Health authorities are to get powers to increase the fluoridation of drinking water in England and Wales, despite widespread opposition.
The plans were revealed in a government letter leaked to The Sunday Times, which said people opposed to fluoride could use water filters or buy bottled drinking water.
Only about 11 per cent of the population receives fluoridated water. It is believed the Government’s proposals, to be introduced in an amendment to the Water Bill, could increase that to 25 per cent.
Although the process has been proven to reduce tooth decay, there are concerns about side-effects, which the Government has dismissed.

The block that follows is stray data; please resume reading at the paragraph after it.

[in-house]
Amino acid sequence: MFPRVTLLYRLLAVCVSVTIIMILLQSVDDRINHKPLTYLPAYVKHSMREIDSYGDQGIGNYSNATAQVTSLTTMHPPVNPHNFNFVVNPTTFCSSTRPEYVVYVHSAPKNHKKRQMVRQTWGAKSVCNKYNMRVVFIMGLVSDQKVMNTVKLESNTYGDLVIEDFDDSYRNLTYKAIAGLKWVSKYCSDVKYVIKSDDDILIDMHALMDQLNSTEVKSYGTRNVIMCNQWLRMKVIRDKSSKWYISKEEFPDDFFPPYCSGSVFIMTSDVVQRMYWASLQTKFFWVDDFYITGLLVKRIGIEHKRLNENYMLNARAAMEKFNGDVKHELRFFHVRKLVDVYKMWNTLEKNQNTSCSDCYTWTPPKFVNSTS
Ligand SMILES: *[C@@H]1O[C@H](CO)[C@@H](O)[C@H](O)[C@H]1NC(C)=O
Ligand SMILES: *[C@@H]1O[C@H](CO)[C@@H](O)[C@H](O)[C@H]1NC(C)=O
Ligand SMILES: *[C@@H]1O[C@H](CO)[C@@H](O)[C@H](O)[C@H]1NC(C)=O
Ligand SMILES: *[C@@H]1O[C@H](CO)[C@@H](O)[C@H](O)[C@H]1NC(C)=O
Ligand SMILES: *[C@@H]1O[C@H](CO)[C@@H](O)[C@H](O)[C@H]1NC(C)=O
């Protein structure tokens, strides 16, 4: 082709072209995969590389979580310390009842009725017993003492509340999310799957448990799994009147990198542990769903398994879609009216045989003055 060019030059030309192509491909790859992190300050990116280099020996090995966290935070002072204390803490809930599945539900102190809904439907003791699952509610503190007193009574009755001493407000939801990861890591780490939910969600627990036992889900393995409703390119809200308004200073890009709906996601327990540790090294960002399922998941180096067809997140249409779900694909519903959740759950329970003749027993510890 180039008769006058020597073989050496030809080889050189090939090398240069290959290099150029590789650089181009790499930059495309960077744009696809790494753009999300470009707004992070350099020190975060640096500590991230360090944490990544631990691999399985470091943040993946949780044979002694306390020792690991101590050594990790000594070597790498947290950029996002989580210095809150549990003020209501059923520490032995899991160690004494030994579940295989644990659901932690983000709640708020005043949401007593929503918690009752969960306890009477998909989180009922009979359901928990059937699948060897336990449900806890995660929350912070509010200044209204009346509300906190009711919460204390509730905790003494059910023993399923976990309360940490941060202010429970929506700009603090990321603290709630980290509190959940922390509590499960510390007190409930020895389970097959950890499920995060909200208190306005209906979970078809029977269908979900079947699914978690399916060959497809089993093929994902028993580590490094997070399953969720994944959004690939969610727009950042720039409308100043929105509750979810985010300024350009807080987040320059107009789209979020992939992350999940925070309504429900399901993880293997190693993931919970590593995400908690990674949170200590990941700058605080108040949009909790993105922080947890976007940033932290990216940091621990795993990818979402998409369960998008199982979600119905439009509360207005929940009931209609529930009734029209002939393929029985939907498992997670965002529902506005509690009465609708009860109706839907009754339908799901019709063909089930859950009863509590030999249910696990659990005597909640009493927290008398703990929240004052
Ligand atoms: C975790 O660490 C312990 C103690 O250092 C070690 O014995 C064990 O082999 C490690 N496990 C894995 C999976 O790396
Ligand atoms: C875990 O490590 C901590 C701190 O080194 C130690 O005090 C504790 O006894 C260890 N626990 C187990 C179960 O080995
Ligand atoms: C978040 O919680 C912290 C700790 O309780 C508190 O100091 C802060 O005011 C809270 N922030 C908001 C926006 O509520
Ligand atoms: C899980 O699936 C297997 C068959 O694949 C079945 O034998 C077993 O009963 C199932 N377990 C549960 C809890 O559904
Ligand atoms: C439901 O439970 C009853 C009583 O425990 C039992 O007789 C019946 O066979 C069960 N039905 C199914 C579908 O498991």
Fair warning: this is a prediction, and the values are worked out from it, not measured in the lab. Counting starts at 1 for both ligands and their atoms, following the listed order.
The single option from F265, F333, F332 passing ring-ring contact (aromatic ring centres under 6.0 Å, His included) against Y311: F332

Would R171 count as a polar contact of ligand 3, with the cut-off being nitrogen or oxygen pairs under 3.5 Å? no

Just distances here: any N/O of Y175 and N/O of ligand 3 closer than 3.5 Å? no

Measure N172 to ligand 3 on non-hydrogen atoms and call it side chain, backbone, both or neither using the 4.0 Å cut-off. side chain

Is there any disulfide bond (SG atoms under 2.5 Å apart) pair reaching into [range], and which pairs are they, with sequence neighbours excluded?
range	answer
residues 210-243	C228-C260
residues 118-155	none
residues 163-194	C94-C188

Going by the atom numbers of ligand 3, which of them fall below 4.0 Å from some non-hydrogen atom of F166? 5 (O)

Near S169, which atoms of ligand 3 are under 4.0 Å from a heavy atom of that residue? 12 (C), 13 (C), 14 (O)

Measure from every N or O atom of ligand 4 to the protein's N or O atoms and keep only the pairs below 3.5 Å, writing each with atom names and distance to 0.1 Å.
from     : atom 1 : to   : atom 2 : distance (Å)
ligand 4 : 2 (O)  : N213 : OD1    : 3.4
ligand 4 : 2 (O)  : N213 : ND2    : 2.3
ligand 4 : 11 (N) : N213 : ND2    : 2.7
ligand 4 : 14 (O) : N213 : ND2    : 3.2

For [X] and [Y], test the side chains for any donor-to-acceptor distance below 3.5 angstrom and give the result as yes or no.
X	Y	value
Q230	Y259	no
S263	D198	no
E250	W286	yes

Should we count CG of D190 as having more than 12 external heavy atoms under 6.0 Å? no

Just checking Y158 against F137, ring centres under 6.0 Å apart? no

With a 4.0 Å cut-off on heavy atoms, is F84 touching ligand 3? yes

Fluoride has been added to water in Britain for the past 40 years, but fluoridation has been rejected in Germany, Belgium, Sweden, Italy, Denmark, Holland and France.
Jane Jones, the campaign director of the National Pure Water Association, said: “There will be a huge row about the renewed proposal to add fluoride to drinking water on a wide scale.
“This is nanny statism. It is outrageous. To medicate the whole population against their will is not the way to deal with tooth decay.”
A Department of Health spokeswoman, responding to a report on fluoridation published by the Medical Research Council, stated that it contained “nothing to suggest any reason why water fluoridation should not be considered as a public health measure in areas where dental health remains a serious problem”.